Dr. Matthew Makalua – Hawaiʻi’s First Medical Doctor

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Read this article in ʻŌlelo Hawaiʻi

By Hoʻoleia Kaʻeo

During the reign of Kalākaua, the government established the “Hawaiian Youths Abroad” program. Hawaiian youth were educated in other lands to develop leaders for Hawaiʻi in various disciplines such as mathematics, music, law and more. Between 1880-1887, 18 students journeyed to other countries. Here are their distinguished names:

James Kaneholo Booth, Robert Napuʻuako Boyd, August Hering, Maile Nowlein, Robert W. Wilcox, Henry Kapena, Hugo Kawelo, John Lovell, Joseph A. Kamauoha, Matthew Makalua, Abraham Piʻianaiʻa, Thomas Pualiʻi Cummins, David Kawānanakoa, Henry Grube Marchant, Thomas Spencer, James Kapaʻa, James Hakuʻole, and Isaac Harbottle.

This is written to honor Matthew Makalua, Hawaiʻi’s very first Native Hawaiian doctor! Matthew Everard Puakakoililanimanuia Makalua was born in Lāhaina to Matthew and Kaipoleimanu Kahoohanohano Makalua.

Matthew Makalua, Joseph Kamauoha and Abraham Piʻianaiʻa were sent to England by King Kalākaua in 1882. The newspaper Ke Koo o Hawaii referred to them as “Nā Keiki Hawaiʻi ʻImi Naʻauao” (Knowledge-seeking Hawaiian Youth). Makalua was educated at St. Chad’s Preparatory School and King’s College. He excelled at school and fulfilled all requirements, receiving awards in anatomy and medical jurisprudence. He became a western-trained surgeon, the first of Hawaiian ancestry.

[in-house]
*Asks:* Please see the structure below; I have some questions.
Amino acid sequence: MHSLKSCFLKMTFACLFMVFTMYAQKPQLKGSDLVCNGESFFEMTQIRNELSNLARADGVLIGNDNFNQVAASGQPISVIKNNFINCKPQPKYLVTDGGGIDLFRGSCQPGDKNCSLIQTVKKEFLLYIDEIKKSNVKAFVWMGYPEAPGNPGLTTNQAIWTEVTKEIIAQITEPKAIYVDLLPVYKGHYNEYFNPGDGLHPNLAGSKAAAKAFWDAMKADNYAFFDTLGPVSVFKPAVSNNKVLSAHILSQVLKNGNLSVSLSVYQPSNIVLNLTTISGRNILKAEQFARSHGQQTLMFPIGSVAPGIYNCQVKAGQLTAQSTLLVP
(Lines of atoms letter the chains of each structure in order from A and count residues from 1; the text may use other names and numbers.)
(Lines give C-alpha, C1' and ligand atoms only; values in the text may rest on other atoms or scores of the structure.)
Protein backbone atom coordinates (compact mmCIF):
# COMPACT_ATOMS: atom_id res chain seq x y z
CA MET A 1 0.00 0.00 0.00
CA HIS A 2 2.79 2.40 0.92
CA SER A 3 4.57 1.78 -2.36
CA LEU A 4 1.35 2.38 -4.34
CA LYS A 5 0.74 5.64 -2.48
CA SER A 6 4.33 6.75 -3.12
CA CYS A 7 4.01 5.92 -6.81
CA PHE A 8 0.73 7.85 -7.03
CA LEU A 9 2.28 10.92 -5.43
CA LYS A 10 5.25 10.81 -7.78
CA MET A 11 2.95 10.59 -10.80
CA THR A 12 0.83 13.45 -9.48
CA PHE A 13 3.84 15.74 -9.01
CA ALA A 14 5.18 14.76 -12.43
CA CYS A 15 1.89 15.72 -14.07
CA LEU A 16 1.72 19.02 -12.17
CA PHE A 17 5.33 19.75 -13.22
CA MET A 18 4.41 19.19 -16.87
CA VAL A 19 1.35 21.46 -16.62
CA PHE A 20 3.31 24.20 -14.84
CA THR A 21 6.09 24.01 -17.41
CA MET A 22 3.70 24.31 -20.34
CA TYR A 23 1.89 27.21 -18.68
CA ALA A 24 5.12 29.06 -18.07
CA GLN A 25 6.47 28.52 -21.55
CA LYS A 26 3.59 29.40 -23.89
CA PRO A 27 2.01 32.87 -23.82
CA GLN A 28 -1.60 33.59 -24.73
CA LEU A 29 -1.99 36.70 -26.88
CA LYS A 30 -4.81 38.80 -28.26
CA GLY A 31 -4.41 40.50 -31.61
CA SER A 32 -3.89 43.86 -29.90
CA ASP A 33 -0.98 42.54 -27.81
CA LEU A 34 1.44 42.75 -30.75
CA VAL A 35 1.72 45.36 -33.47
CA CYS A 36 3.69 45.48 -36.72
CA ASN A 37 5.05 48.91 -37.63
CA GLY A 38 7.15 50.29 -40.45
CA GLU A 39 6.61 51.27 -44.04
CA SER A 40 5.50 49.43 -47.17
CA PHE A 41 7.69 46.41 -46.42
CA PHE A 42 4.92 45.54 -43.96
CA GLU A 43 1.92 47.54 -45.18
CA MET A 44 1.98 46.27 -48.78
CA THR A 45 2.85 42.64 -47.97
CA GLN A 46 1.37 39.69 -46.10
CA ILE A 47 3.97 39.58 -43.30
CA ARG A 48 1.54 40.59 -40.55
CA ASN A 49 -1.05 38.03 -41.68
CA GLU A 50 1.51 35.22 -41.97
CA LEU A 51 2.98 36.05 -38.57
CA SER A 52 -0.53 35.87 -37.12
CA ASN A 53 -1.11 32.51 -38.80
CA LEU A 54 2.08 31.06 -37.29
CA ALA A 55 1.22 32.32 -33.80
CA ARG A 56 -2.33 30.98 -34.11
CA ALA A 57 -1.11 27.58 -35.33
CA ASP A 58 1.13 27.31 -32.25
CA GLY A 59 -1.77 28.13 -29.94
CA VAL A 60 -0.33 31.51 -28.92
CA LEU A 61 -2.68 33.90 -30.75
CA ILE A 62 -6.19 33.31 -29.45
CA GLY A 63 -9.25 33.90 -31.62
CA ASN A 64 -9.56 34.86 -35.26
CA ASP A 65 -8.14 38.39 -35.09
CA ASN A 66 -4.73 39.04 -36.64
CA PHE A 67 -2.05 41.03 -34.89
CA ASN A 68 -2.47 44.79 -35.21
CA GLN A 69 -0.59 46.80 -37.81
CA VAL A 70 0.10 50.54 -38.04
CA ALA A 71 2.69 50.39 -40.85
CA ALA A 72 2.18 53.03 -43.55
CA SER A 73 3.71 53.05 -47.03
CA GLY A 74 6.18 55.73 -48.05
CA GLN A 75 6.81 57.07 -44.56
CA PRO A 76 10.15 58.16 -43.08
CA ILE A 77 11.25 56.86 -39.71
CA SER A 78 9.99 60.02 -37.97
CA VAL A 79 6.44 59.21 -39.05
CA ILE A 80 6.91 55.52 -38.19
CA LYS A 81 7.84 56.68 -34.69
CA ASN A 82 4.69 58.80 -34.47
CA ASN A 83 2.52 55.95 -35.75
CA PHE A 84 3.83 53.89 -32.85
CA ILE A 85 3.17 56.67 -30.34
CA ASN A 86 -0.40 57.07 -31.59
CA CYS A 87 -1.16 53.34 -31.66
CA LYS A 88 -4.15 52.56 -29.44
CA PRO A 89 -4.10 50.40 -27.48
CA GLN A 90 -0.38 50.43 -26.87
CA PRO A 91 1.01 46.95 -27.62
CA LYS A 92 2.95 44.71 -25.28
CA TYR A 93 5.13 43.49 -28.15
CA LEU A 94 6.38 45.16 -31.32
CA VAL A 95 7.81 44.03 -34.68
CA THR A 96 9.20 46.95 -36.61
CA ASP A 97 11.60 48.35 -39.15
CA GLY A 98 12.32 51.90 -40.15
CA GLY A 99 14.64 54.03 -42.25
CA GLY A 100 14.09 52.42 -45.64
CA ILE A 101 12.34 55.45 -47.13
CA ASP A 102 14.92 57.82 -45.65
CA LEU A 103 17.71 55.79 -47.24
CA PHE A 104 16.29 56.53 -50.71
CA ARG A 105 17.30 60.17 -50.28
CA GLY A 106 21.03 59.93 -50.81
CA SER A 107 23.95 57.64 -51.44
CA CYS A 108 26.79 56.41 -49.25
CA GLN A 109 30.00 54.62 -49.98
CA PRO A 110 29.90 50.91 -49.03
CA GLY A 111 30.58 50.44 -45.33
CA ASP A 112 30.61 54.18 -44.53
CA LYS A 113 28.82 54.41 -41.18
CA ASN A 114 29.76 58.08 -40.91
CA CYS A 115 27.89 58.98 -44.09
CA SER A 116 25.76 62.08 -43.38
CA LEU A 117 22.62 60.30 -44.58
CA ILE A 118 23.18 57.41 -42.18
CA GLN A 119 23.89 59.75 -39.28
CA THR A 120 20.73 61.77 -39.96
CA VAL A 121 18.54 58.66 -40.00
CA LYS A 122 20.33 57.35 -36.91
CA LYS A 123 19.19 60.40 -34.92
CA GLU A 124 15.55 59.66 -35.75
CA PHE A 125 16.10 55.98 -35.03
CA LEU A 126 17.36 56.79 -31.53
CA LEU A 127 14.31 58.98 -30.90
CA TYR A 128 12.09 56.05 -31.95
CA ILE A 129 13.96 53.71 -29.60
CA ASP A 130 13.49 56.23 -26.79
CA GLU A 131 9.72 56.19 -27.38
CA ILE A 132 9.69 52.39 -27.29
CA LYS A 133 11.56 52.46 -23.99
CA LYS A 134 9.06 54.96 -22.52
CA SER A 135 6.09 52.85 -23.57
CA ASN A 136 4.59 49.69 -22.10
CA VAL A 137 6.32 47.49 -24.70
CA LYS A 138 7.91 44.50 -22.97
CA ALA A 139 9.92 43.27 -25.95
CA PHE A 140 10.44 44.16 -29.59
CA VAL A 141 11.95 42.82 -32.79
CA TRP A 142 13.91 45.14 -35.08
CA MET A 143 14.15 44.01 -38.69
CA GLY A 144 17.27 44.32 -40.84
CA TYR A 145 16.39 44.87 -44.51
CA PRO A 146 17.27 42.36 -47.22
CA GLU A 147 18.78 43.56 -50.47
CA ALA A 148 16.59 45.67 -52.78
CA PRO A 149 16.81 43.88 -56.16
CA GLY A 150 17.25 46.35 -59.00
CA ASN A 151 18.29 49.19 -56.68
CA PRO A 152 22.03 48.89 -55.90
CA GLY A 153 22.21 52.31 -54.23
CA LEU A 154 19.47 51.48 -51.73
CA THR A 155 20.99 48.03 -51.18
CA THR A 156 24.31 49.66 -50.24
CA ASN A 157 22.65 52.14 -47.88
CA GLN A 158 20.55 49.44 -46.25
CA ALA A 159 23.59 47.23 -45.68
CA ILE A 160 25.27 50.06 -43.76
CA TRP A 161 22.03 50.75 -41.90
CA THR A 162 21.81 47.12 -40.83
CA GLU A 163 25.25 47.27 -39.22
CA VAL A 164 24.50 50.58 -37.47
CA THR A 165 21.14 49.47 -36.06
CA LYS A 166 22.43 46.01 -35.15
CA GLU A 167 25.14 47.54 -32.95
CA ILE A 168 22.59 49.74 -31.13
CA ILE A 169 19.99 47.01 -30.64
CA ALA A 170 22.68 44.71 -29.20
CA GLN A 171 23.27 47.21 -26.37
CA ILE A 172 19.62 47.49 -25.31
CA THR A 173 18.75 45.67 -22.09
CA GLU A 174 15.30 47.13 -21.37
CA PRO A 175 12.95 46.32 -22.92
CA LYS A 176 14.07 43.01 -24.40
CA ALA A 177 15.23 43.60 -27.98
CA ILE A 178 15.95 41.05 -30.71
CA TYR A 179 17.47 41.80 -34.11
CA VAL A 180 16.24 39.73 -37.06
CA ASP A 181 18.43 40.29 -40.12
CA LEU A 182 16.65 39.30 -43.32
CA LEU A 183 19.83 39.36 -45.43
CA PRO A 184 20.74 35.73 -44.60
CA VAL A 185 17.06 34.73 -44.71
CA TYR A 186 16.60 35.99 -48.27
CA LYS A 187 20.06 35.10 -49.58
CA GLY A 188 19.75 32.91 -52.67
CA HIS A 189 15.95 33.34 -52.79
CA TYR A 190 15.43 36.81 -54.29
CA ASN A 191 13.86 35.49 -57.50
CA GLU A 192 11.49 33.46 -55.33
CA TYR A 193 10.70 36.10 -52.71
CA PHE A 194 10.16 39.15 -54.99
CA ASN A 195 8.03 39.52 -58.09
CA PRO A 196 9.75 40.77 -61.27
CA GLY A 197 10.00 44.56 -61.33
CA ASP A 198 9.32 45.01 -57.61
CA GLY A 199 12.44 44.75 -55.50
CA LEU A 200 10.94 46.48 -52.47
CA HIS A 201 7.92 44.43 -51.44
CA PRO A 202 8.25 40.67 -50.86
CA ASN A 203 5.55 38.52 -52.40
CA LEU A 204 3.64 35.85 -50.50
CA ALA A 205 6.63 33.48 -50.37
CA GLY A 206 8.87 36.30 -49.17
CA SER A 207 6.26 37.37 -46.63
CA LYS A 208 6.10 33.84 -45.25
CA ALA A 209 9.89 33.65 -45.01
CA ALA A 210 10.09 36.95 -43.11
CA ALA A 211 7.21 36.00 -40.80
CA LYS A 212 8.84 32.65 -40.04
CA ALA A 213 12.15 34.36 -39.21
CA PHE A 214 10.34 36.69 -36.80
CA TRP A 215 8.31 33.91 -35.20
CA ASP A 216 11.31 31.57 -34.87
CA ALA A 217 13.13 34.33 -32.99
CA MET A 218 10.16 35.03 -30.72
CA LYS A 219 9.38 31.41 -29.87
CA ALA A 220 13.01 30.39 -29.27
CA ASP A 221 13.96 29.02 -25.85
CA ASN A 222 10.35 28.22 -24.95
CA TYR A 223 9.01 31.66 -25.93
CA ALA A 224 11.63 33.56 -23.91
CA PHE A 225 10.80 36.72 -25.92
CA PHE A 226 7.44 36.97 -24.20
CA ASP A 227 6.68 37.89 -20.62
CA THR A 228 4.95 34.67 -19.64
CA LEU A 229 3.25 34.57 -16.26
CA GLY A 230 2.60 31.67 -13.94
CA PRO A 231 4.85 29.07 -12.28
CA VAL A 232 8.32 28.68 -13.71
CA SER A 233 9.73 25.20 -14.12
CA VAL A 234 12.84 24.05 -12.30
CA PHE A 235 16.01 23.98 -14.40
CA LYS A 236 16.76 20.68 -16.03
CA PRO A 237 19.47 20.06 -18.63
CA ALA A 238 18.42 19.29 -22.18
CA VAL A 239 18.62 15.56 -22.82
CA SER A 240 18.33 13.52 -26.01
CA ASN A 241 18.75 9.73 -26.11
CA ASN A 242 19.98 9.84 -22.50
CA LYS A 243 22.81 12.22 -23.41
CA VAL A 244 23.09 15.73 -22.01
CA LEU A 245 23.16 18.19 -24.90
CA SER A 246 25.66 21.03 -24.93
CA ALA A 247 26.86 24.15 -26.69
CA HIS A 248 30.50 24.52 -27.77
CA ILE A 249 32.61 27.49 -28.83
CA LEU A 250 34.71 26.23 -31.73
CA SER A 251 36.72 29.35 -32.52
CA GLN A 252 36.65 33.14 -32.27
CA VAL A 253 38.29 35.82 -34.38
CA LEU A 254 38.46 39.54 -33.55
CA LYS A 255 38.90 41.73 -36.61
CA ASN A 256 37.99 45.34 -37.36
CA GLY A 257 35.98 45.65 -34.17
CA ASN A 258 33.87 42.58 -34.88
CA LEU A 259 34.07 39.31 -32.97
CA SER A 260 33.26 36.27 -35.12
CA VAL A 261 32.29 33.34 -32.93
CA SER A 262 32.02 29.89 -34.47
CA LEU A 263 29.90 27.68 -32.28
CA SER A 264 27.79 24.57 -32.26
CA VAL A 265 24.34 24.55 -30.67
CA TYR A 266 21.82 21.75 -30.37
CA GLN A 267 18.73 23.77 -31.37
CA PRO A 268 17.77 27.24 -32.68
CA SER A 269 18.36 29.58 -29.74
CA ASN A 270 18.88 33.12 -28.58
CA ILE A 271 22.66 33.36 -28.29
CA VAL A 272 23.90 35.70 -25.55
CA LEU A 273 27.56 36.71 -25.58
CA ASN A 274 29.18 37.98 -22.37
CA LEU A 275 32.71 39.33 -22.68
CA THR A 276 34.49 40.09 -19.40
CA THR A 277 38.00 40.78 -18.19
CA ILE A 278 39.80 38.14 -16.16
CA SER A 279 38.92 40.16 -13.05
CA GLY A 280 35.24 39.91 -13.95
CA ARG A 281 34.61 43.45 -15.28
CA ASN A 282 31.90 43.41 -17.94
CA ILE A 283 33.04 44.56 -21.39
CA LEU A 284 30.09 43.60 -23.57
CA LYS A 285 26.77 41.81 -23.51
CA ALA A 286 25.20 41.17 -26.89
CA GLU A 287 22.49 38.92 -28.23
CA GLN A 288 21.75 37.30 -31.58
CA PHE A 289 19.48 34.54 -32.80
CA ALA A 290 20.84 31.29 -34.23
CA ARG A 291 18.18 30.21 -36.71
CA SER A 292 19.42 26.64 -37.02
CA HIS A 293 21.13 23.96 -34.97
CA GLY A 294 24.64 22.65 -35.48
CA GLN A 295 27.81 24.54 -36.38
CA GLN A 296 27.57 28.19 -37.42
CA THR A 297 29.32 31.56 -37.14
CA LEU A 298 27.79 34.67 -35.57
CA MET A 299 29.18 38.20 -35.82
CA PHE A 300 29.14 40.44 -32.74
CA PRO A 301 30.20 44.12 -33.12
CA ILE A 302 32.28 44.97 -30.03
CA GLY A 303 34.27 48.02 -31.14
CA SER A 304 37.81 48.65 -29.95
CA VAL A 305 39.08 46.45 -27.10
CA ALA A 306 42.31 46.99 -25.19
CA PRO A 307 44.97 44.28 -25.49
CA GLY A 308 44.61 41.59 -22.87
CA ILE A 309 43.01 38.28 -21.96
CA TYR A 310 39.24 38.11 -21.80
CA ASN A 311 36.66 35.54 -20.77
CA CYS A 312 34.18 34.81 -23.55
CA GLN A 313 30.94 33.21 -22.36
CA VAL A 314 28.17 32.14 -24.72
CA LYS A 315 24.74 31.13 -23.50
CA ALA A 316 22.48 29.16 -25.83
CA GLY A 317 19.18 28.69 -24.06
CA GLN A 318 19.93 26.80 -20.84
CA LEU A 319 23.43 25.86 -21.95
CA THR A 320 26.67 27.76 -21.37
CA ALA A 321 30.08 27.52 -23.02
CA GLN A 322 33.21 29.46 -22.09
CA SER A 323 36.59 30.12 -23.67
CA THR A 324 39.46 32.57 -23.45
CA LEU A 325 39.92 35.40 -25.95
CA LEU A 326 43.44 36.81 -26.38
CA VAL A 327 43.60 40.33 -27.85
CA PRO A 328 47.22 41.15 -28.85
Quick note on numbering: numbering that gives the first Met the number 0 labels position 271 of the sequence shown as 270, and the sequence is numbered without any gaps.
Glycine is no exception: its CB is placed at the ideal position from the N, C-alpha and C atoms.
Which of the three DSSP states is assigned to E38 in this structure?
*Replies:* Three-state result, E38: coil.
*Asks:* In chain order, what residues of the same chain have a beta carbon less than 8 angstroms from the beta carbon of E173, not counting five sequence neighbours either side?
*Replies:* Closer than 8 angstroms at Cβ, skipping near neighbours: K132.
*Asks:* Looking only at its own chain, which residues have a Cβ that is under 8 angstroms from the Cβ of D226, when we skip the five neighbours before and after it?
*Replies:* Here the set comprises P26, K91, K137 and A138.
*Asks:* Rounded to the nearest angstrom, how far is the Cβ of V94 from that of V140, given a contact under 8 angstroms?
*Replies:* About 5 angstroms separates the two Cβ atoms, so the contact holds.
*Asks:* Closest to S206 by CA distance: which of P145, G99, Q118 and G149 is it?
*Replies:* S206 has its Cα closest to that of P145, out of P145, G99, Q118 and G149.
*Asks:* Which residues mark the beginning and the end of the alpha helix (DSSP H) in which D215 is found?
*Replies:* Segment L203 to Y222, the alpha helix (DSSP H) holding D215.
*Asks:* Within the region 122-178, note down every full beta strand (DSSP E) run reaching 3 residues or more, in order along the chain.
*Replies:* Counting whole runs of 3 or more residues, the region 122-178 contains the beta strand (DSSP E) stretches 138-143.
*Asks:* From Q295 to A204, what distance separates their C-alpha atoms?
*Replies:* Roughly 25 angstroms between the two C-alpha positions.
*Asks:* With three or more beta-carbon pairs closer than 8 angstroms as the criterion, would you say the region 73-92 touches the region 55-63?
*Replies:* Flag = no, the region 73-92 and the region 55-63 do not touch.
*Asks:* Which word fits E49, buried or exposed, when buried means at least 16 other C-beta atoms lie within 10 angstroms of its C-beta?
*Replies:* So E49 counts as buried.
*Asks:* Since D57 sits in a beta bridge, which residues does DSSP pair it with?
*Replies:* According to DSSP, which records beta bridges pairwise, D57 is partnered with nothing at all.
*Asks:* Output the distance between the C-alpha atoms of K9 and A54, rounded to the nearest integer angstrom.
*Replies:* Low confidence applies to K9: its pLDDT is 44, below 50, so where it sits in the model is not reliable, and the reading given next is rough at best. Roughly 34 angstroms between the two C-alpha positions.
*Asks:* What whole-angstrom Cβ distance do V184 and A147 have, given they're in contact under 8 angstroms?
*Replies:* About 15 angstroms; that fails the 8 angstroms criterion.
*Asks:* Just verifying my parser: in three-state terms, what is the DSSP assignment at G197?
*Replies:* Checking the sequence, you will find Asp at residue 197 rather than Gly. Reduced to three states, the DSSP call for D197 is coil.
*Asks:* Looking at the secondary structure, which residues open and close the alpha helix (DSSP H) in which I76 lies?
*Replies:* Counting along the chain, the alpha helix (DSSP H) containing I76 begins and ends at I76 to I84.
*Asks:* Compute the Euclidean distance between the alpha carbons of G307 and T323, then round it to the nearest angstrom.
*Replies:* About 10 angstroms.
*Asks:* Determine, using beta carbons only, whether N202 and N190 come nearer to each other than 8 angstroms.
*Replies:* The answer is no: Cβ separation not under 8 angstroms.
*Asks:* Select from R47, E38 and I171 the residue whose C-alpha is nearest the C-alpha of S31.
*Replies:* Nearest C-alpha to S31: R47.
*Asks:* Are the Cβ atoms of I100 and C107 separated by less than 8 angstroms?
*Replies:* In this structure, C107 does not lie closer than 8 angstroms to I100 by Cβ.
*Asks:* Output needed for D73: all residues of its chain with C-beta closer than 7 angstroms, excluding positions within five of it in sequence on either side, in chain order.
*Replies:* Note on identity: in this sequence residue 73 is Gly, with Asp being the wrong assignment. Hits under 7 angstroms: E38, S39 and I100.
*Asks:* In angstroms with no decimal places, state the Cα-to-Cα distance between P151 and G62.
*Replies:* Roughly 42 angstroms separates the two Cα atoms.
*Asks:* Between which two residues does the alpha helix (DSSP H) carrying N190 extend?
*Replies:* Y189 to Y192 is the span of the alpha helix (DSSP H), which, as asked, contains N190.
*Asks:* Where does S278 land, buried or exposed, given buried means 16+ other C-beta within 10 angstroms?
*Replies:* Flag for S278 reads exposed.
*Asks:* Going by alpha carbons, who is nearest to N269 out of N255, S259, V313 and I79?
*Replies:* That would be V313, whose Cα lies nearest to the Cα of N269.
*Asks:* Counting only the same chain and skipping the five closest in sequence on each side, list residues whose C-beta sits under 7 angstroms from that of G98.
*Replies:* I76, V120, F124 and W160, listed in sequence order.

After the overthrow of the Hawaiian government, he did not return to his homeland. He lived in St. Leonard’s (in England) with his family where he had a reputation as an excellent surgeon. He married Anne Dewar and they had a son, Matthew James Manuia Makalua Dewar.


Today there are more than 300 kauka, or Native Hawaiian medical doctors (MD & DO), and an Association of Native Hawaiian Physicians, ʻAhahui o nā Kauka. Papa Ola Lōkahi has supported 67 (MD/DO) medical doctors with the Native Hawaiian Health Scholarship since 1991, of which 48 are graduates from the John A. Burns School of Medicine.

Mahalo nui to Agnes Quigg for her scholarship on the Hawaiian Youths Abroad program, Dr. Benjamin Young for his extensive research uncovering the life of Dr. Makalua, and Nālani Balutski and Dr. Willy Kauai for their ongoing work in reinstating the Hawaiian Youths Abroad at the University of Hawaiʻi at Mānoa to provide an avenue for new-age kānaka scholars.

Hoʻoleia Kaʻeo is a population health specialist at Papa Ola Lōkahi.